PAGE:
g)                  OK you may say, that's not me. I trust that Jesus paid the full price for my sins and I try to be a good witness for Him, constantly learn about Him and I'm involved in things so I can make a difference for Him.  So why should we read this lesson if it's not about me?"  It's to realize that these chapters tell us what God requires of us.  These chapters are great one to shows nonbelievers what are His standards to live by.  Then it reminds us of what are the consequences of turning from Him if we fail to live, as He desires.  For those of us who've dedicated our lives to serving God, we're getting a reminder list of why it's worth the cost as our eternity depends upon how we act here and now.

2.                   Before I get into some of the specifics of this lesson, let me address the "living forever" issue since I brought it up in the opening questions.  If God created us, why can't He just destroy us as some cults teach as well as other religions?  Why do we exist forever?  The short version is God cannot "un-create" what He has created.  I like using the illustration of computer hardware and software.  For example if you buy a blank computer disk or a "thumb drive" it weighs exactly the same if it's blank or full of files.  The real us, is like the software on that disk.  That software doesn't have any weight and can be transferred elsewhere. The illustration isn't perfect, as software can be deleted, but to state the premise again, God can't un-create what He has made in the first place.  My point is God created us with a purpose:  To be with Him forever.  How we live becomes the evidence to others of the choices we make.  To put it another way, if we're in heaven forever, others will be in hell forever.  Therefore, we have to accept the forever aspect whether we like it or not.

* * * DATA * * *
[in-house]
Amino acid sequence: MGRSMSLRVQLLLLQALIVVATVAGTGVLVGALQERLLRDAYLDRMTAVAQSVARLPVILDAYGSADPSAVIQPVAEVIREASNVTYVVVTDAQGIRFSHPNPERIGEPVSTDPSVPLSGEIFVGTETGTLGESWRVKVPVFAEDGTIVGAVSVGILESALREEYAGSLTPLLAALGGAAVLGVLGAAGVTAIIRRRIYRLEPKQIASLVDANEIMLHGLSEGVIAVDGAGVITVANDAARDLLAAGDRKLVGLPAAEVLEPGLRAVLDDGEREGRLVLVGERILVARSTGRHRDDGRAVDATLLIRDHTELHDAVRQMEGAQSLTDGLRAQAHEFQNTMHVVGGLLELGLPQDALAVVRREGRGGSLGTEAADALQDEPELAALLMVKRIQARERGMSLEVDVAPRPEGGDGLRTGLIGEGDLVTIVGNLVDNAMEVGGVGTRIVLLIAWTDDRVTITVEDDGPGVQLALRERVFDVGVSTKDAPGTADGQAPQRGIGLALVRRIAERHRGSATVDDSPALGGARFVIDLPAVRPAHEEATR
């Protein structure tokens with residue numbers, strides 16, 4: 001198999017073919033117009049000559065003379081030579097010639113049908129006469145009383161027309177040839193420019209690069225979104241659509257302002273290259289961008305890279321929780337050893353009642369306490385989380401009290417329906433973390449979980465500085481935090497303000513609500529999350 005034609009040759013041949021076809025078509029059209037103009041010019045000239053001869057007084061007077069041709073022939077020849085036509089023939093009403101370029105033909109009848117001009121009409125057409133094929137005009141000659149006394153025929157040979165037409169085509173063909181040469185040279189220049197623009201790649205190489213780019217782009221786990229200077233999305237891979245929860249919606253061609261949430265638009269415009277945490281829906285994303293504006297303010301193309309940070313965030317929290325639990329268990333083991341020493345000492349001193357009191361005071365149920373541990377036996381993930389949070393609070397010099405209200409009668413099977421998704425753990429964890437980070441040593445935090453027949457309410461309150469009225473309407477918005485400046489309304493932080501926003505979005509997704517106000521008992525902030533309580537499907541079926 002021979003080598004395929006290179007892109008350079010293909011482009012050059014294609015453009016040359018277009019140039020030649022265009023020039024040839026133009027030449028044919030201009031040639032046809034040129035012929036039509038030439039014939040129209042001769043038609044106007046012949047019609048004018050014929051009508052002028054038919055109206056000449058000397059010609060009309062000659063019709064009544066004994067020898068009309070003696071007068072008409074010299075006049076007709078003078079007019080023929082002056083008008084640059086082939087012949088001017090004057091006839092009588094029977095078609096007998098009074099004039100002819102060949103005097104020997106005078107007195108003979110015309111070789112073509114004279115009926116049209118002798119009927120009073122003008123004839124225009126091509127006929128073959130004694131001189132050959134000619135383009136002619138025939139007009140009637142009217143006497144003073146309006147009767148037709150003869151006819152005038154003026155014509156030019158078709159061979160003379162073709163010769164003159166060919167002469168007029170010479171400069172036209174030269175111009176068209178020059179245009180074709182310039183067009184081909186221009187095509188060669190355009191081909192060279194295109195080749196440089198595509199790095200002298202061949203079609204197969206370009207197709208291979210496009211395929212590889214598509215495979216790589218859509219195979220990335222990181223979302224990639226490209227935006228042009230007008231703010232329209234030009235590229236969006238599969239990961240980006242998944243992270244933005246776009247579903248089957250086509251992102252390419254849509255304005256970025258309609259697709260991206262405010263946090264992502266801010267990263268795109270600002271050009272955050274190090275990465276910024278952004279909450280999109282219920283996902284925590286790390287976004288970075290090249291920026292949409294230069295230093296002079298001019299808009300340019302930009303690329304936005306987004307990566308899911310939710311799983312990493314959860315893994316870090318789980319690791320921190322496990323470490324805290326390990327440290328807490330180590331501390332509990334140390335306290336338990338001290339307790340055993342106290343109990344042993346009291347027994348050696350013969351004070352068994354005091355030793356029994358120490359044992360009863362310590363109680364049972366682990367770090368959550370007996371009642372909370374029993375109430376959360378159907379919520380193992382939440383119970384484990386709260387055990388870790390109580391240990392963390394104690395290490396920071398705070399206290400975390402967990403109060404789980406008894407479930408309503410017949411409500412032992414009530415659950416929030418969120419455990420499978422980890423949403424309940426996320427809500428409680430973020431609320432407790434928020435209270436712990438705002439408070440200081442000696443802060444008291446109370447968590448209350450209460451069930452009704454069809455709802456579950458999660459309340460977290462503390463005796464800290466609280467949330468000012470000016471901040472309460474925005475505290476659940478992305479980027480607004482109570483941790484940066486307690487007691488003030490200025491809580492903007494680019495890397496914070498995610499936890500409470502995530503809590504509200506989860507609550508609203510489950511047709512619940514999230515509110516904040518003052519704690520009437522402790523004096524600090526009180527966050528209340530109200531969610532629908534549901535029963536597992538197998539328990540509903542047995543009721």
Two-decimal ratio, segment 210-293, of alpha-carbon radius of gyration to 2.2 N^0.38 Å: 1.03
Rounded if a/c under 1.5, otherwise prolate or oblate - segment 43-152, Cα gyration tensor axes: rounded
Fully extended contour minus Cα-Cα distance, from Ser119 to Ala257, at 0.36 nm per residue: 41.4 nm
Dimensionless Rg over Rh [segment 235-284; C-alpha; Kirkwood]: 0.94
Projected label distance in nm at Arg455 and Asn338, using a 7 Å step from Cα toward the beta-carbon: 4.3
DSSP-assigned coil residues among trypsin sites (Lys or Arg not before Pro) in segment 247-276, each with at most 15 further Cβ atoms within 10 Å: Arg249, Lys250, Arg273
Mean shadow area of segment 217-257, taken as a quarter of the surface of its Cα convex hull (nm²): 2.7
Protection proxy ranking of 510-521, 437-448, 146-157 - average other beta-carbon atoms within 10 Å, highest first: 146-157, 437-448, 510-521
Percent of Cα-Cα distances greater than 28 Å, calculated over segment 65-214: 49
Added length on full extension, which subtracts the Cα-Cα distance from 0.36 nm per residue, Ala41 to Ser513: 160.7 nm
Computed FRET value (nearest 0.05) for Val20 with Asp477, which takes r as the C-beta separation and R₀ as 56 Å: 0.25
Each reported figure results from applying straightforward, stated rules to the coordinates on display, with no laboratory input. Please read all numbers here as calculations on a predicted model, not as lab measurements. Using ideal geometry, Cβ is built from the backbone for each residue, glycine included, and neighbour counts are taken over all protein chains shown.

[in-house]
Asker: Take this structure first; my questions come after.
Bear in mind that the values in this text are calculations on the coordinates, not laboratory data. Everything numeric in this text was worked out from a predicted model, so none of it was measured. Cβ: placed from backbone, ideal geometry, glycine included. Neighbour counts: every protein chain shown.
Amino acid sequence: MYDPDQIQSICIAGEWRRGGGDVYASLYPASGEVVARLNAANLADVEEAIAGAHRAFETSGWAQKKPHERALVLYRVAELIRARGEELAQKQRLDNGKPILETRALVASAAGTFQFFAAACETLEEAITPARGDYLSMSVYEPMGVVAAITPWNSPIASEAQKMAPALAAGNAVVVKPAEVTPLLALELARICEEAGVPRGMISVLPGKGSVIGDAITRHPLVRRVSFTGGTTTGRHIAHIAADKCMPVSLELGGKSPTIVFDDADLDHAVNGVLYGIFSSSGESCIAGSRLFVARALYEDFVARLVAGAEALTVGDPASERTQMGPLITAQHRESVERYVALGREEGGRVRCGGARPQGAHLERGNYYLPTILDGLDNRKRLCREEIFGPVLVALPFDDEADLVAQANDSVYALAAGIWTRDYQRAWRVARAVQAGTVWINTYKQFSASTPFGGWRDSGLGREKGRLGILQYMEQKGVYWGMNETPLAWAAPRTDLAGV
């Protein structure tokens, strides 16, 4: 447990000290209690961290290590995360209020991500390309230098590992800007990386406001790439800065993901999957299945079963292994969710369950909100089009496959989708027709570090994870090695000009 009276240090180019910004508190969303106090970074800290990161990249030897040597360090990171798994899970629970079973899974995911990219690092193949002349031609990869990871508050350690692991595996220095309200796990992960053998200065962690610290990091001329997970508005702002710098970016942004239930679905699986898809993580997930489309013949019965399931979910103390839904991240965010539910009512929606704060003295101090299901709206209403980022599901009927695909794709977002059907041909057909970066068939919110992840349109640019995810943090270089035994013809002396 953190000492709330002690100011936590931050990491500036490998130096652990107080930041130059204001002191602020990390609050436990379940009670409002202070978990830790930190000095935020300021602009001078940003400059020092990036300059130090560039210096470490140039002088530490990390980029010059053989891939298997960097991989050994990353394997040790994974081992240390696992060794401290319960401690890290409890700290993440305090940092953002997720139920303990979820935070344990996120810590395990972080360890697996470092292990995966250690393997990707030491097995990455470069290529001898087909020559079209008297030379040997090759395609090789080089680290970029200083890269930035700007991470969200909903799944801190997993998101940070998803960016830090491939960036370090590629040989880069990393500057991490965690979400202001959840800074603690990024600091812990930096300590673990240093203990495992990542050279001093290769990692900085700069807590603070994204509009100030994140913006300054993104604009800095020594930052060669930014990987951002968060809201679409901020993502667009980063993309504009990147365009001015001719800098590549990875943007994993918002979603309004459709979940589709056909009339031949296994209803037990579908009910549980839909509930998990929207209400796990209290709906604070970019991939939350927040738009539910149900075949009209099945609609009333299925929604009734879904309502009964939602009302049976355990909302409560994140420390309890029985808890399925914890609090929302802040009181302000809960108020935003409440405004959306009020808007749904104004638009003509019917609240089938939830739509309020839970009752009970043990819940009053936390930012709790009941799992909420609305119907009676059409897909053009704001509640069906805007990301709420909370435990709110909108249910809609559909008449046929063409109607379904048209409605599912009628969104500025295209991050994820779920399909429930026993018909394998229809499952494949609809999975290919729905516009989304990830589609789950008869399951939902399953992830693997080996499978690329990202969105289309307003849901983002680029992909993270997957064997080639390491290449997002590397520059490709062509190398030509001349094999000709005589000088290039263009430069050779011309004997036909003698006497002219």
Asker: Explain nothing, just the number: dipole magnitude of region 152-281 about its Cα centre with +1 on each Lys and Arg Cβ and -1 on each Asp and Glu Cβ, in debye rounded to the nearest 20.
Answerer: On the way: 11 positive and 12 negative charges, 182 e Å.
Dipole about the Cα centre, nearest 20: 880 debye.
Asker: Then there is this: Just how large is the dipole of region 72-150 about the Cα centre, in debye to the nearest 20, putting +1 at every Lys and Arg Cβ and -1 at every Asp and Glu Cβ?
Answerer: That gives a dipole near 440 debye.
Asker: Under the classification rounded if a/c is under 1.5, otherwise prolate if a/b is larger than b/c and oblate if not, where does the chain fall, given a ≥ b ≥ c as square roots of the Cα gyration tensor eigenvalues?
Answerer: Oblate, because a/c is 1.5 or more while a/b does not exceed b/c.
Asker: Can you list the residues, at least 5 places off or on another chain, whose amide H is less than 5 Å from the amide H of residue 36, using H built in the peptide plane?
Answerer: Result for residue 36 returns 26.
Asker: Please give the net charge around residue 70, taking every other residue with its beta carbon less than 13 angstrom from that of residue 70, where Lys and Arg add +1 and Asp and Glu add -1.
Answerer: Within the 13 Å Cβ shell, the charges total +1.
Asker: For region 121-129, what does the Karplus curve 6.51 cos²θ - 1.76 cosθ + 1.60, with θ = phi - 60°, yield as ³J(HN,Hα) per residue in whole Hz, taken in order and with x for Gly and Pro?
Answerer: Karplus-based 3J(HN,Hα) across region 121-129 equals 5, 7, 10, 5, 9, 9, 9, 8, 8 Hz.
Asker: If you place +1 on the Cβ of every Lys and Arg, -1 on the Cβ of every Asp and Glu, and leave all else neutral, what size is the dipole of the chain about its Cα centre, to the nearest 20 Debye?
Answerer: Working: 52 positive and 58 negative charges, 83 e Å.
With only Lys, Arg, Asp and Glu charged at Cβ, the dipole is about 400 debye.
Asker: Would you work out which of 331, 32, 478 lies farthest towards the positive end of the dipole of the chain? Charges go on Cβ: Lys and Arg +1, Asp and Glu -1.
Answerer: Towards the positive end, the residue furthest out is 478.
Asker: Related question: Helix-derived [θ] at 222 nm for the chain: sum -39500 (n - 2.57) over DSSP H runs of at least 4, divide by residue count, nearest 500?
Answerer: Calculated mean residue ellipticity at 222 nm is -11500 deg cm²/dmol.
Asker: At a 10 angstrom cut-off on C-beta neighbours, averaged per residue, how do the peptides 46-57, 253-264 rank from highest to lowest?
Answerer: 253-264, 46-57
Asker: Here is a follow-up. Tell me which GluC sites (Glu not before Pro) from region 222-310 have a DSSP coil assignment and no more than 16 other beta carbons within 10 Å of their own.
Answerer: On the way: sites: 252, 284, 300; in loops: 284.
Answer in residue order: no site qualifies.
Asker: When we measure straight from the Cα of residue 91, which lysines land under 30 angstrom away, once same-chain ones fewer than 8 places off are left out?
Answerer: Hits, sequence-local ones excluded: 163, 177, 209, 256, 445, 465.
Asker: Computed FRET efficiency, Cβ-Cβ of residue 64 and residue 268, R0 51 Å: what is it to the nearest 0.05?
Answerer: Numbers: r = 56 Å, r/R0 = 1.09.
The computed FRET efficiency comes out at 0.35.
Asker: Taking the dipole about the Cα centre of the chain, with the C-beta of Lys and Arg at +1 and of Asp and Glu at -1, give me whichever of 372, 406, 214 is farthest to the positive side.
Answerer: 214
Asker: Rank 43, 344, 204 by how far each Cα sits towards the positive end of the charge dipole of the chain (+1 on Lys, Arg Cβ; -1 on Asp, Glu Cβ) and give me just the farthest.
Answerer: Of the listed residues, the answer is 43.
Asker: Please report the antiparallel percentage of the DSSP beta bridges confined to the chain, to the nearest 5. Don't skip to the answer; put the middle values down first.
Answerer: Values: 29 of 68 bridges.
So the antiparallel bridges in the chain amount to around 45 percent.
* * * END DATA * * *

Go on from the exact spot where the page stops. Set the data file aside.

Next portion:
a)                   I'm saying all of that to understand why people go to either heaven or hell forever.  It isn't because we've sinned "this much" and therefore have to be punished "that much".  What is necessary to realize is the perfection of God.  His standards are perfection and if we're not willing to be perfectly forgiven, then we get what we choose, eternity without Him. That's why people spend eternity in hell, because they choose not to be in His presence for all of eternity.  Like I stated in the last lesson, "The gates of hell will be locked from the inside." (C.S. Lewis).

3.                   All of that theology leads me back to this lesson.  Chapter 4 is God laying out His case why most people will have to spend eternity in hell.  Chapter 5 is God executing judgment based on all the charges laid out in Chapter 4.  Yes this book was written 2,700 years ago.  That's a lot of people to be judged between now and then.  One thing to accept is if God is perfect by definition, then His standards don't change over time.  His standard of perfection exists today as it did back then.